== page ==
A new report by CBRE finds that although foreign retailers continue to enter the Canadian market, they're doing so less than before. As global markets have largely recovered from the recession, international retailers now have an increased number of expansion opportunities to consider. The report, entitled How Global is the Business of Retail, analyzes 334 leading retailers in 61 countries. The report suggests that the Canadian retail market recorded fewer new entrants last year than the year before.
The report notes that in 2012, Canada ranked sixth in the world for the most new foreign retail entrants. Toronto was listed amongst the twenty most targeted cities. In 2013, Canada no longer ranked among the countries attracting the most new retailers, and it did not have a city ranked among the top 20 most targeted markets.
Canada still ranks highly, however, in terms of the variety of global retailers that are present in cities. In 2013, Canada had 35% of global retailers present, enough for us to rank 20th in the world. Comparing city-by-city retailer penetration rates, Toronto slipped from 37th to 38th place, Vancouver jumped from 56th to 51st place, Calgary climbed one spot to 76th, and Montreal remained at 83rd place.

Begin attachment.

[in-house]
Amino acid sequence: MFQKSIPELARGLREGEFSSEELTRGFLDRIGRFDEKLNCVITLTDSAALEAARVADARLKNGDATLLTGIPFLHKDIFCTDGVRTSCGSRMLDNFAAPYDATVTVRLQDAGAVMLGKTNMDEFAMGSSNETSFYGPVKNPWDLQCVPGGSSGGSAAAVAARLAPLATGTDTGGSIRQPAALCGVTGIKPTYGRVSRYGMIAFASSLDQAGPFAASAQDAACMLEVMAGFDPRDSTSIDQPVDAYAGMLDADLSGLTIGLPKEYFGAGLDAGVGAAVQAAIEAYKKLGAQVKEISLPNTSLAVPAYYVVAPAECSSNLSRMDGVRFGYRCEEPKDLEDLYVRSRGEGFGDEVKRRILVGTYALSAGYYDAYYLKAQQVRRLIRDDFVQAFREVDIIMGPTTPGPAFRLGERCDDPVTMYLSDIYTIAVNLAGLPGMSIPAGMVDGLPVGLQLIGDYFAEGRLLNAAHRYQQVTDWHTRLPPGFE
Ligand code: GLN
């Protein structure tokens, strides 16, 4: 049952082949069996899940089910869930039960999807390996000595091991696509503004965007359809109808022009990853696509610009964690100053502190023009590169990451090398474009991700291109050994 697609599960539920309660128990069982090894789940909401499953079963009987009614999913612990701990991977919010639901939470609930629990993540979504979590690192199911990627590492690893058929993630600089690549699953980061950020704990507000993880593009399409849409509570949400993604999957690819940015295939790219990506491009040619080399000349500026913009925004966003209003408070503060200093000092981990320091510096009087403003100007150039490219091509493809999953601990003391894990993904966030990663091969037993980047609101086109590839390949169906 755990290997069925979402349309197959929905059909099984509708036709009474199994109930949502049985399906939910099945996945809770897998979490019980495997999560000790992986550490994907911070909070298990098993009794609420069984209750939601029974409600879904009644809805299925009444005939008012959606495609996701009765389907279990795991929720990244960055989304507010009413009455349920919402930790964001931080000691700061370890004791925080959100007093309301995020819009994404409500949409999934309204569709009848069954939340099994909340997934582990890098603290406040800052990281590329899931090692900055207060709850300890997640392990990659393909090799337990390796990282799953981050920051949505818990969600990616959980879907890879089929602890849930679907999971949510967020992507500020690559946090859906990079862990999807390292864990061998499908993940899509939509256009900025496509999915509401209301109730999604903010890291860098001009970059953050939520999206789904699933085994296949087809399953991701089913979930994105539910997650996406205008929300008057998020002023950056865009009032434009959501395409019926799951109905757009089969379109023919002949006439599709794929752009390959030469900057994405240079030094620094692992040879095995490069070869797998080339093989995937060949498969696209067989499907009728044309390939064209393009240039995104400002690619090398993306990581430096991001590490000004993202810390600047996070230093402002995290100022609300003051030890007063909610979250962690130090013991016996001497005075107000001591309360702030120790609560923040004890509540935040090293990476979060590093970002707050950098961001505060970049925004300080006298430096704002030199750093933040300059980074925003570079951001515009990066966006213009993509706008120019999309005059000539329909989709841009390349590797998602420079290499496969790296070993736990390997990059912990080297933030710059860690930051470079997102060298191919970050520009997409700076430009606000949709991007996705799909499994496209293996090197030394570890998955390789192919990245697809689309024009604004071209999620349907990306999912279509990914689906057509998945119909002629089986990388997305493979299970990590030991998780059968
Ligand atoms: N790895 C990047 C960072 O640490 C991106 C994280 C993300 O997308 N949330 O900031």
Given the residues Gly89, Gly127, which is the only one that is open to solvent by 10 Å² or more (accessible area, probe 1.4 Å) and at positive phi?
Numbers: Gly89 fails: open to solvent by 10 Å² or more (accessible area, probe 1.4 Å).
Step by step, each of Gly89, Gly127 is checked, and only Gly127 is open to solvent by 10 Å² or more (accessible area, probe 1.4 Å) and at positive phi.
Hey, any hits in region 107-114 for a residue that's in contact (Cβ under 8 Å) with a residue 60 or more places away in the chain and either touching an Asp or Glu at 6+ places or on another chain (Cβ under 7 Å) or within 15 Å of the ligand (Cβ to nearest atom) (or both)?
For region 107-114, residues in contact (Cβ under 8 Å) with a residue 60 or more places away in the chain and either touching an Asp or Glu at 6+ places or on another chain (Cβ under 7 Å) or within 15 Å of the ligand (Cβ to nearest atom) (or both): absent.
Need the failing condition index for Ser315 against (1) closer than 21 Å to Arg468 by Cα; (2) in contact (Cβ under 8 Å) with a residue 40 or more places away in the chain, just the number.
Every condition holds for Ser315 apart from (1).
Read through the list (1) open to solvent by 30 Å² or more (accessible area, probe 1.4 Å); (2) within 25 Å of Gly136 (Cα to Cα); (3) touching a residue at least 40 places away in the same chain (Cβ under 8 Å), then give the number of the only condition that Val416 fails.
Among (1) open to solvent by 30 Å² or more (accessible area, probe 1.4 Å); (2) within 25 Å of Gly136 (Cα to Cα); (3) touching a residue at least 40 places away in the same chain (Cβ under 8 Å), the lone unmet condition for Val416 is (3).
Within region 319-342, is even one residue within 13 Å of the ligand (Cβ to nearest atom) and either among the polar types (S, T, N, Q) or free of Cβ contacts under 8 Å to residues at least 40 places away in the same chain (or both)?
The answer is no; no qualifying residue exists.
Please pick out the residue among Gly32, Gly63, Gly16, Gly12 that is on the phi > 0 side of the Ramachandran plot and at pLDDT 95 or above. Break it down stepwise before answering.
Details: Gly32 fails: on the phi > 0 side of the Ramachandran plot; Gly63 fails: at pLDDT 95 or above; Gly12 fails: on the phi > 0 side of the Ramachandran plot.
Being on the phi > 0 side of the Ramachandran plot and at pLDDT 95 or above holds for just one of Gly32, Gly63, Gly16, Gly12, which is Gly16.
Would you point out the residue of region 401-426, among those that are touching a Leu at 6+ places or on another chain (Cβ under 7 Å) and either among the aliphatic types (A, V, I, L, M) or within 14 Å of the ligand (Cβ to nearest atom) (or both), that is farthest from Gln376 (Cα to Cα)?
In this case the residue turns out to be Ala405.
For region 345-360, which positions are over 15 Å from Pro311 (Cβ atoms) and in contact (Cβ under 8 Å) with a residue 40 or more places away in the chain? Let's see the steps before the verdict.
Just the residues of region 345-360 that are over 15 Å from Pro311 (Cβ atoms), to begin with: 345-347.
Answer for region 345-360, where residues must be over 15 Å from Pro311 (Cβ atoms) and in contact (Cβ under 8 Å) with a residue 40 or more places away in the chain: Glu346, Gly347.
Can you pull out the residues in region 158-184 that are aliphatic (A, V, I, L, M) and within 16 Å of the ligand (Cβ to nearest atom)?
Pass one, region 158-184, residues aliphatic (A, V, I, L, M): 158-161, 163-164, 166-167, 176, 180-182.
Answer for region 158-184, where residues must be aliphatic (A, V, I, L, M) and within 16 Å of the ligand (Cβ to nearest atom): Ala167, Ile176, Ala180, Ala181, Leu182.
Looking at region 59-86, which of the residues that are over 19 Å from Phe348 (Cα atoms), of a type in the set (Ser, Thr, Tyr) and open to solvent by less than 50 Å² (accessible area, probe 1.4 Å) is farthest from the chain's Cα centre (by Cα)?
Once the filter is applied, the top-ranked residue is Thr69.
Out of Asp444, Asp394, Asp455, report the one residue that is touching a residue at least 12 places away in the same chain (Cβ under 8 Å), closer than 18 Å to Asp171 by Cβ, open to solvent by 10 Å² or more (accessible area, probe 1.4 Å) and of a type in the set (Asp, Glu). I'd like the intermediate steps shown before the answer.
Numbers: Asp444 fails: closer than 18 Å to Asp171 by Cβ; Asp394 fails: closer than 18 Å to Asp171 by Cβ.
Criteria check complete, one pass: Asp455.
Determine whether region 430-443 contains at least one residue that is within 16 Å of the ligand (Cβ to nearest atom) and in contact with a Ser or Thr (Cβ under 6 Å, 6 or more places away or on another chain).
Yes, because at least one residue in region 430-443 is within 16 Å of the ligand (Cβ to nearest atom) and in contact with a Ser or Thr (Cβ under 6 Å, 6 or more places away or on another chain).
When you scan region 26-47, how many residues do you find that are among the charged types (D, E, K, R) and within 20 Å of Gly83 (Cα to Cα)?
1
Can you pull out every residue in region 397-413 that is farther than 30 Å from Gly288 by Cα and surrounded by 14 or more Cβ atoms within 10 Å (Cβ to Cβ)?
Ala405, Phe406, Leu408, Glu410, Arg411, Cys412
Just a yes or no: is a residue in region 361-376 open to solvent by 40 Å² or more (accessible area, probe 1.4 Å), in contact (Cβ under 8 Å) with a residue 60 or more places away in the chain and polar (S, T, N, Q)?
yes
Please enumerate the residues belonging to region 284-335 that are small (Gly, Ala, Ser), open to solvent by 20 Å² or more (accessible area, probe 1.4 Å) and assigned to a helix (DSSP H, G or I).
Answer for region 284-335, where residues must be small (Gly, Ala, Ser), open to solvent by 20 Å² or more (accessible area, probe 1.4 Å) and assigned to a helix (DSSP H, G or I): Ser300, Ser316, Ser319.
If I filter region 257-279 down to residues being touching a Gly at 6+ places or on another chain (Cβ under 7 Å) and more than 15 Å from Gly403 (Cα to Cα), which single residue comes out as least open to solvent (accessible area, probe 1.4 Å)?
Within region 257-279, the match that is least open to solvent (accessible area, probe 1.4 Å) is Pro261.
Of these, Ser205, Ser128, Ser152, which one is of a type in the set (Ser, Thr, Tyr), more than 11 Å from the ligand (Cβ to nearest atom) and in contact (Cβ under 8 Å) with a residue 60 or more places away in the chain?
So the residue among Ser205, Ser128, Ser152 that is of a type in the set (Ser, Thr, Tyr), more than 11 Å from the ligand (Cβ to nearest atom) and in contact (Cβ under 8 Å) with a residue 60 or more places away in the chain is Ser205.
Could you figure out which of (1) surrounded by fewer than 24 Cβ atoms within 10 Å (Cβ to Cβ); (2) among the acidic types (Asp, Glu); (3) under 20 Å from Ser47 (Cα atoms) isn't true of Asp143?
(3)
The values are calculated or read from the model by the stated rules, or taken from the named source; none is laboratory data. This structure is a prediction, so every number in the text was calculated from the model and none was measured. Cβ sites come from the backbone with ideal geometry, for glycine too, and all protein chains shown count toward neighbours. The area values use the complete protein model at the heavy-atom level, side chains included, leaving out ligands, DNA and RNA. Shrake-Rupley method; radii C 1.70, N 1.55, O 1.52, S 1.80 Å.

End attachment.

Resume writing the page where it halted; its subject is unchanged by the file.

Last year, the bulk of new international entrants were in the luxury and fashion categories. Homewares and food were the other active categories.
“While Canada remains an appealing destination for global retailers, our competitors are catching up and Canada has had to relinquish our unusually large share of the spotlight,” said Ross Moore, Director of Research for CBRE in Canada. “One reason for the decrease in new retailers coming to Canada is that there is little to no vacancy in highly sought after shopping centres and high street locations. It is only natural for there to be a pause while developers and supply chains adjust to the influx of brands from years past.”
“The retailers that entered Canada with a limited number of stores have been busy expanding their footprint across the country,” Moore added. “No longer satisfied with a single location, usually in Toronto, we have seen retailers pursue opportunities in Vancouver, Calgary and Montreal. As a result, most Canadian cities had their rankings improve in terms of overall retailer representation.”